by Renee W.
Christmas time brings loads of cheer and celebrations, or at least it’s supposed to, right? For a recovering alcoholic, the holiday season may also bring on loads of stress and anxiety.
Newly sober, I dreaded the Christmas holiday season. A time that is meant to give gifts, share meals, and be with loved ones sent me into a wave of unrelenting panic for four reasons:
1. People made me uncomfortable.
2. I was uncomfortable with myself.
3. I could not drink to ease the discomfort.
4. I had to witness others drinking (or at least I thought I had to).
These four factors worked against me, or so I thought. I started worrying about my first sober Christmas party months before it ever appeared on my calendar.
How could I get through a party with others drinking? What would people think if I was not drinking? Could I get out of going to holiday parties altogether?
No one gets it. I am alone in this. I am crazy. I am miserable.
Sure enough, at the end of November, Christmas get-togethers with family and friends started to dot my calendar. I spent most of my time and energy worrying about how I would survive.
The first one was just as bad as I expected it to be. I will never forget sitting there in my red and green festive dress watching other people laugh, share stories, eat, and of course, drink alcohol.
I gritted my teeth and held back tears as I thought how inconsiderate these people were, drinking right in front of me as if alcohol didn’t nearly destroy my life.
Oh yes, there were others not drinking, but somehow, I didn’t notice them. I noticed, uh, more like examined, the ones that were drinking, how much they had left in their glass, how often they refilled their glasses, what they said, how they acted, what I believed they were thinking.
Yes, I was obsessed with others’ consumption of alcohol while bitterly resenting them the entire time.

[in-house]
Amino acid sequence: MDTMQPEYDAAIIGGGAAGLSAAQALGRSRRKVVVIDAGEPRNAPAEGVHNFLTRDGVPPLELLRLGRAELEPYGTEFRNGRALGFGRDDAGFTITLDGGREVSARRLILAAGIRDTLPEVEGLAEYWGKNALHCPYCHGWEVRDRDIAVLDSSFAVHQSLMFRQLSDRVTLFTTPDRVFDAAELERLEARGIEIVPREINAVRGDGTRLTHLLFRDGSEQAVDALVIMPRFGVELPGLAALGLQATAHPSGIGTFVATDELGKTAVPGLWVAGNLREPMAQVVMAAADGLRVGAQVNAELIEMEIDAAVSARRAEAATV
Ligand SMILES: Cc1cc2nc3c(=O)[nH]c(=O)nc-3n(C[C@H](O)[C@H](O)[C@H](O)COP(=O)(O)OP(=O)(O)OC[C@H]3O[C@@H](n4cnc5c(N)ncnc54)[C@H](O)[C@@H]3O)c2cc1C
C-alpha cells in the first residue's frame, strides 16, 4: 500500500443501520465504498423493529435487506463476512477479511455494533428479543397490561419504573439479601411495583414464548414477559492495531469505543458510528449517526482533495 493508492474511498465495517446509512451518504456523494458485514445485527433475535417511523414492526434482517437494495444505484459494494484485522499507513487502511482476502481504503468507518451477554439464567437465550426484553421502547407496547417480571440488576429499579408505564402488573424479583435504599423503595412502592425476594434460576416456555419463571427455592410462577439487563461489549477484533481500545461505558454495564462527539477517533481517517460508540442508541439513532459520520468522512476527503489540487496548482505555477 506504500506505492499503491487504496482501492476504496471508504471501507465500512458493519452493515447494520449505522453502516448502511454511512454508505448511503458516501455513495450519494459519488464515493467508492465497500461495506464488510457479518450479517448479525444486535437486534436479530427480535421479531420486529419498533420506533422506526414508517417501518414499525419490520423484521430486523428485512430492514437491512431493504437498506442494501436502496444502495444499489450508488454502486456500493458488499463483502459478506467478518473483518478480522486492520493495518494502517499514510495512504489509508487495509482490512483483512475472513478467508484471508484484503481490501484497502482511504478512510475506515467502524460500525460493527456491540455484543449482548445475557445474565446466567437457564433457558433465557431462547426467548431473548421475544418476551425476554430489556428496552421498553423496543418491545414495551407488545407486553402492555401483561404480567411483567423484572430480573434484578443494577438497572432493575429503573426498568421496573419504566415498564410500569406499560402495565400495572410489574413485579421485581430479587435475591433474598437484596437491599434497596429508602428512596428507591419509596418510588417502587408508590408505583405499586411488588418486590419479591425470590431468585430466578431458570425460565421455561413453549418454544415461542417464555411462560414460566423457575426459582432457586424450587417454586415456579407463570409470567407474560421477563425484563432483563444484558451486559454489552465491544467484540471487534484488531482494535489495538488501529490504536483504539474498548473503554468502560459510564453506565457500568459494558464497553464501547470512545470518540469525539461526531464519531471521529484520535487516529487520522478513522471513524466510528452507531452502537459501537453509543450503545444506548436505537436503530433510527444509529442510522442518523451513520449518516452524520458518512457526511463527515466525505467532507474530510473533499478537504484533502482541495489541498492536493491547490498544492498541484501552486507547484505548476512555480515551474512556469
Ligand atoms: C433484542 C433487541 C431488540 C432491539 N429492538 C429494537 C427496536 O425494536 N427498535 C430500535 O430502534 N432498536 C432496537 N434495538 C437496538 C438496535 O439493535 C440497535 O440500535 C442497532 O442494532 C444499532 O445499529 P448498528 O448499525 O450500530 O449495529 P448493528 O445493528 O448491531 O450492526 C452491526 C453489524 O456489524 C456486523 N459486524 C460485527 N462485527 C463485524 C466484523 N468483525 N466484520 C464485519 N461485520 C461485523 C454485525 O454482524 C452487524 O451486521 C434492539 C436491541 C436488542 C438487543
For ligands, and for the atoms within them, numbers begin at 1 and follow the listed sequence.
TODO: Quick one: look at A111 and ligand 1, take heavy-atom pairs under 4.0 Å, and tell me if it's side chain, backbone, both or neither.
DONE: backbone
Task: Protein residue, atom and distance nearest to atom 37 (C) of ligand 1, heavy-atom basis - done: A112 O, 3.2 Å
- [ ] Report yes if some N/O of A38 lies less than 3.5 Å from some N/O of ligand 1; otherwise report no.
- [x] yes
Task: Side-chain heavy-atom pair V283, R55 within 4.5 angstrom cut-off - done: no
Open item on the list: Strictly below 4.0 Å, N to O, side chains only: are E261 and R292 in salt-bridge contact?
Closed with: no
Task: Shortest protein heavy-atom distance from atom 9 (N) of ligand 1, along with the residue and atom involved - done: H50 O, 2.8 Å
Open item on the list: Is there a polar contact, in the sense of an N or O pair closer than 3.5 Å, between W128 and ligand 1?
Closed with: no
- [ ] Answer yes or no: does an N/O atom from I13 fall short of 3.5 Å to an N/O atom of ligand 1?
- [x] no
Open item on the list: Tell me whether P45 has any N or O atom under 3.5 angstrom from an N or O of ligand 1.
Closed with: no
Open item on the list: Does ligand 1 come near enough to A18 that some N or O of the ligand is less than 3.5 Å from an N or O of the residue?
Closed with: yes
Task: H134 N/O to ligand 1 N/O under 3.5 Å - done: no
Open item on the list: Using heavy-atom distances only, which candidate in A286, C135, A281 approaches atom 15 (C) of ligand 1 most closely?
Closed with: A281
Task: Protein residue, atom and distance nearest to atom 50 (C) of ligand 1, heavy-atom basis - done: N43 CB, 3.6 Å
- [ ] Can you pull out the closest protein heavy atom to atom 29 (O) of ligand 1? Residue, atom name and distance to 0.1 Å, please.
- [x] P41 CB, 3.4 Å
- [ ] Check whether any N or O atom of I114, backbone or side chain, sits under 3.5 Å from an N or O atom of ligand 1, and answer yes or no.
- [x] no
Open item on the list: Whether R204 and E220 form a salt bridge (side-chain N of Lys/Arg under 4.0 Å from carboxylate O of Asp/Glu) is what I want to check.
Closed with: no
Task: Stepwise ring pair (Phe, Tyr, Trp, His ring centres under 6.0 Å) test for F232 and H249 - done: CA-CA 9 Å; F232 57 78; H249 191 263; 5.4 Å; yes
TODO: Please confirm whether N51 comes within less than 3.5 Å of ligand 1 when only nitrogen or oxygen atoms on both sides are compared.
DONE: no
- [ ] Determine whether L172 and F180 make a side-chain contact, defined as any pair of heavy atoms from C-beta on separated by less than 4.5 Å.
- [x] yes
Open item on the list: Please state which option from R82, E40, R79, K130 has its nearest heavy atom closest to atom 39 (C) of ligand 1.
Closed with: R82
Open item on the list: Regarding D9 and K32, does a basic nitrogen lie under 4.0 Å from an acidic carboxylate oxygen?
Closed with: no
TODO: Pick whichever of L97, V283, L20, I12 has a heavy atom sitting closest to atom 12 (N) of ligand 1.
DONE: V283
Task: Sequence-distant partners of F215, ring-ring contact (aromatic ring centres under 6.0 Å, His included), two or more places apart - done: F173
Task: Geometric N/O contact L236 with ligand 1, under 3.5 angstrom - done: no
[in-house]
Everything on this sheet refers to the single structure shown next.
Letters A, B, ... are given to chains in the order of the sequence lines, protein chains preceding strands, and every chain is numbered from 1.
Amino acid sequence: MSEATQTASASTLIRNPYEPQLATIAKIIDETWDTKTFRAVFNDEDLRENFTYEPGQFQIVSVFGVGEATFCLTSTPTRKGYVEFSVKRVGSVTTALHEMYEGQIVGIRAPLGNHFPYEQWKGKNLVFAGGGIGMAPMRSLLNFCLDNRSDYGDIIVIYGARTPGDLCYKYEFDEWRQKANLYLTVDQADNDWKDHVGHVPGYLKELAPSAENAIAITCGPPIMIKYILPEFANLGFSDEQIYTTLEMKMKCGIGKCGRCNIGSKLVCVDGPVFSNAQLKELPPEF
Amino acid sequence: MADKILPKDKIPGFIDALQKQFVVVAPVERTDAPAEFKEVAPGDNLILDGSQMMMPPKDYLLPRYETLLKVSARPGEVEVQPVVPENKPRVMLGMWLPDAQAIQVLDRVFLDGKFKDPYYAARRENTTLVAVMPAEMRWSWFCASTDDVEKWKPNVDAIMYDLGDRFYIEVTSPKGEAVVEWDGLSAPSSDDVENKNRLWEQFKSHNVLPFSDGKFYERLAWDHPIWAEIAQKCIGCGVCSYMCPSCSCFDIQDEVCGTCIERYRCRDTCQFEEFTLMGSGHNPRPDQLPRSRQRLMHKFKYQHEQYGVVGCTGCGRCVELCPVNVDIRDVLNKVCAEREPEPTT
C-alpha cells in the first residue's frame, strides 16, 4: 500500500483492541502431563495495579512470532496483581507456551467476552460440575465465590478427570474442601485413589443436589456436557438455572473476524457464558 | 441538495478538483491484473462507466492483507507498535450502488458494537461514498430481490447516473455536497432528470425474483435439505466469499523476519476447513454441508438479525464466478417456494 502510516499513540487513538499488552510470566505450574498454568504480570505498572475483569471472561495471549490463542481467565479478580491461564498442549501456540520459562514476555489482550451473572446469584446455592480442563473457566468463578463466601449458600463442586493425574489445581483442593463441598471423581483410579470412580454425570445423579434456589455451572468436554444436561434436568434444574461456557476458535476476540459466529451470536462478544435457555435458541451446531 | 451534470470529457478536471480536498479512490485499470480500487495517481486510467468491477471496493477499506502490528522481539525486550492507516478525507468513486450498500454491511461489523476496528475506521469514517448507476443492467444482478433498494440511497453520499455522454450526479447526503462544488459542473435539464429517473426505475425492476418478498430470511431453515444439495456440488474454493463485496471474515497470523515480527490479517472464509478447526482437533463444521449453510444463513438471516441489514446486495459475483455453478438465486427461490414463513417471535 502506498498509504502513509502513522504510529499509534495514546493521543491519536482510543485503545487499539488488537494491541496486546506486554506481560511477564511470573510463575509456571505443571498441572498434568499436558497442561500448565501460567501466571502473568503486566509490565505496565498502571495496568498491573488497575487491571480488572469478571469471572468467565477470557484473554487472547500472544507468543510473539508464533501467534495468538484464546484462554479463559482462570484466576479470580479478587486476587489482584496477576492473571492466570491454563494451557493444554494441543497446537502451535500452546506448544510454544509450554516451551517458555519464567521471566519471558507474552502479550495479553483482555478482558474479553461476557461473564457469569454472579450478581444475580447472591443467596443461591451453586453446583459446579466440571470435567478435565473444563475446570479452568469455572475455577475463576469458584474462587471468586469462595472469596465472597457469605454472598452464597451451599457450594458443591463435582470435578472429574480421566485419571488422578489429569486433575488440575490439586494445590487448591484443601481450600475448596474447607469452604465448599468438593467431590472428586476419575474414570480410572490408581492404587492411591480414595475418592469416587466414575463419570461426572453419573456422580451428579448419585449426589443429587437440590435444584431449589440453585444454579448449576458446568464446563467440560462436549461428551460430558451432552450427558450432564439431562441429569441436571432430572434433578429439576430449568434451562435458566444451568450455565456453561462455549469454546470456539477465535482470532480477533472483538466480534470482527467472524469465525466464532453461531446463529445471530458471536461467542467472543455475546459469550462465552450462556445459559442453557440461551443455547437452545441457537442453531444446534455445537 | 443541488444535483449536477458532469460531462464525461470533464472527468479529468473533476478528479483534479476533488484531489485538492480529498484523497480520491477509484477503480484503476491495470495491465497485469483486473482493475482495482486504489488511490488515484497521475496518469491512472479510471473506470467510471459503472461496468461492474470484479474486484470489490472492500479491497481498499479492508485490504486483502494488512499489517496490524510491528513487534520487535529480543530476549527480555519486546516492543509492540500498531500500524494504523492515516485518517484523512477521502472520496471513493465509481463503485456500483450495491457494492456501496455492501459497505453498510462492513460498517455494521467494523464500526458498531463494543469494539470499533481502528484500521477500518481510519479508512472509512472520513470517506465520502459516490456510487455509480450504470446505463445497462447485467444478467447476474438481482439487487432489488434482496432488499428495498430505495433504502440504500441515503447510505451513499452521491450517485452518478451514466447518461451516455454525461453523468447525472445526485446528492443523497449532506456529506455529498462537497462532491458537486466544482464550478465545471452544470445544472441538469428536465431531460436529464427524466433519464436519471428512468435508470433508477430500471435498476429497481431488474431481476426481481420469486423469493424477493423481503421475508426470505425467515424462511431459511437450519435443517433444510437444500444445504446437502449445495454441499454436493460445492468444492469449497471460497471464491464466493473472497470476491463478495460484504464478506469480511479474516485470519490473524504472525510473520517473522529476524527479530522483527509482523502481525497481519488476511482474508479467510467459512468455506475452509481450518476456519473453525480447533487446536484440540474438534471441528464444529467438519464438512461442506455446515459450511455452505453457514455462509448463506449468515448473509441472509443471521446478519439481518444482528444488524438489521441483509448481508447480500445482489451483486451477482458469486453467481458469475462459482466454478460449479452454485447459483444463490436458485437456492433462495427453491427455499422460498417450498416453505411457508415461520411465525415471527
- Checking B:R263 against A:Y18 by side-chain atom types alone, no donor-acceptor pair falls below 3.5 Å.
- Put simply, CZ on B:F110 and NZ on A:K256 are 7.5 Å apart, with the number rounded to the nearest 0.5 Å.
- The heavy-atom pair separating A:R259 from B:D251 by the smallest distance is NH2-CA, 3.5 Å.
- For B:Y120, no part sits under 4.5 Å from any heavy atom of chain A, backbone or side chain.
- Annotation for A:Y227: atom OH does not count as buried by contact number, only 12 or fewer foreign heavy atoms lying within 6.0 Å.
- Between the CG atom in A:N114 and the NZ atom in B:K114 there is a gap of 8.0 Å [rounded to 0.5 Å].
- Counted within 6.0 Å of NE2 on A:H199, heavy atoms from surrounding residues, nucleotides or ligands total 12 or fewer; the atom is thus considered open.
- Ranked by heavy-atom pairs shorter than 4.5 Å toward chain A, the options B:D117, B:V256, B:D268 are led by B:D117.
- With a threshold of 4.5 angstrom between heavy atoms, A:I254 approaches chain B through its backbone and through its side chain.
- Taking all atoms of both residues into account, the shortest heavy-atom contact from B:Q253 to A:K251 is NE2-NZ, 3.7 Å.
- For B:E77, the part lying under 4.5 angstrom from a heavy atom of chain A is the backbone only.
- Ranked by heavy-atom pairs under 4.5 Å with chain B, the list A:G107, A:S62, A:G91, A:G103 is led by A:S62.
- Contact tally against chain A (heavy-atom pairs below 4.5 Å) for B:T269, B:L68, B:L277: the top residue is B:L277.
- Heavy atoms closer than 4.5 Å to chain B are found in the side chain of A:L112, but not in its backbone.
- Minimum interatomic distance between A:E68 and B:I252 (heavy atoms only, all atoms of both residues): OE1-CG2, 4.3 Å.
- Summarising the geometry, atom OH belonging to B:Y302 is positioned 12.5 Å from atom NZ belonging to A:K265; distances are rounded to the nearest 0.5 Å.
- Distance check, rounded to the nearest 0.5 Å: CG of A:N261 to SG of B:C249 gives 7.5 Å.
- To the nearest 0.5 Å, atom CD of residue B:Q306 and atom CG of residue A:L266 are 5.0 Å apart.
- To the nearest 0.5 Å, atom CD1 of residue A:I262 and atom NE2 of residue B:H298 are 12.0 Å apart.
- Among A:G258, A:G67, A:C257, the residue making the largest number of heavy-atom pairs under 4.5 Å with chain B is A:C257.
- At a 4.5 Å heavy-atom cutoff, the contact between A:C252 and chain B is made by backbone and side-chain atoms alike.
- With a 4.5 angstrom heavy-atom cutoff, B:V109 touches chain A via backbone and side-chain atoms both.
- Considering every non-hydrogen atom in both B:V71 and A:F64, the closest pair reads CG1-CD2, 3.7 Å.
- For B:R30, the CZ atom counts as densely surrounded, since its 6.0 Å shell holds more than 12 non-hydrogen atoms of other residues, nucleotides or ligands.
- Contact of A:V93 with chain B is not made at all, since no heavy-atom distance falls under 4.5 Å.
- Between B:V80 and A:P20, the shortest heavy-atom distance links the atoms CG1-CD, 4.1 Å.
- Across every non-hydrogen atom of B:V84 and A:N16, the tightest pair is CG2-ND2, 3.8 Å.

Sure, there was delicious holiday treats and other beverages I could drink, like sparkling water or soft drinks, but all I could do was obsess over the fact that I couldn’t drink and had a terrible evening watching everyone else drink, all the while feeling excluded, disrespected, and entirely alone.
What I didn’t have during my first sober Christmas were recovery tools. You see, at the time, I didn’t know what I know now about myself and sobriety.
With recovery comes connection and support
As someone who had felt “apart from,” “misunderstood,” and “left out” my entire life, I realized that I was, in fact, not unique at all. One of my AA meeting buddies puts it this way: “I always felt like a black sheep, but then I started recovery and found the rest of the herd.”
Realising I was not alone in recovery, that there is, indeed, a herd of us and we can support each other, made the biggest difference.
With recovery comes self-confidence
With self-confidence comes not caring what others think or do. Today, I laugh when I think of my extreme anxiety and paranoia during my first sober Christmas season.
I was so incredibly focused on what other people were doing and thinking that I felt emotionally paralyzed. I felt like I had to attend all the Christmas parties with alcohol, even though they felt excruciating to me at the time.
Today, I don’t care what other people think or do because I know I am doing the right thing for ME, and that means staying sober. I can go to Christmas parties and events if I want, but I no longer obsess over if others are drinking or not.
Today, being around alcohol doesn’t send me into a panic because I know I know who I am, and I know that I want recovery more than anything else.
Since we are officially in the Christmas season, albeit a bit different from usual seasons thanks to Covid-19, I am going to share my top five ways to stay sober over Christmas:
1. Put your recovery first
It goes without saying that if you want to stay sober and you are committed to recovery, you must treat it like the life and death matter that it is. During holidays, it can be easy to let the guard down and think, One drink won’t hurt, or I just want to celebrate with my friends.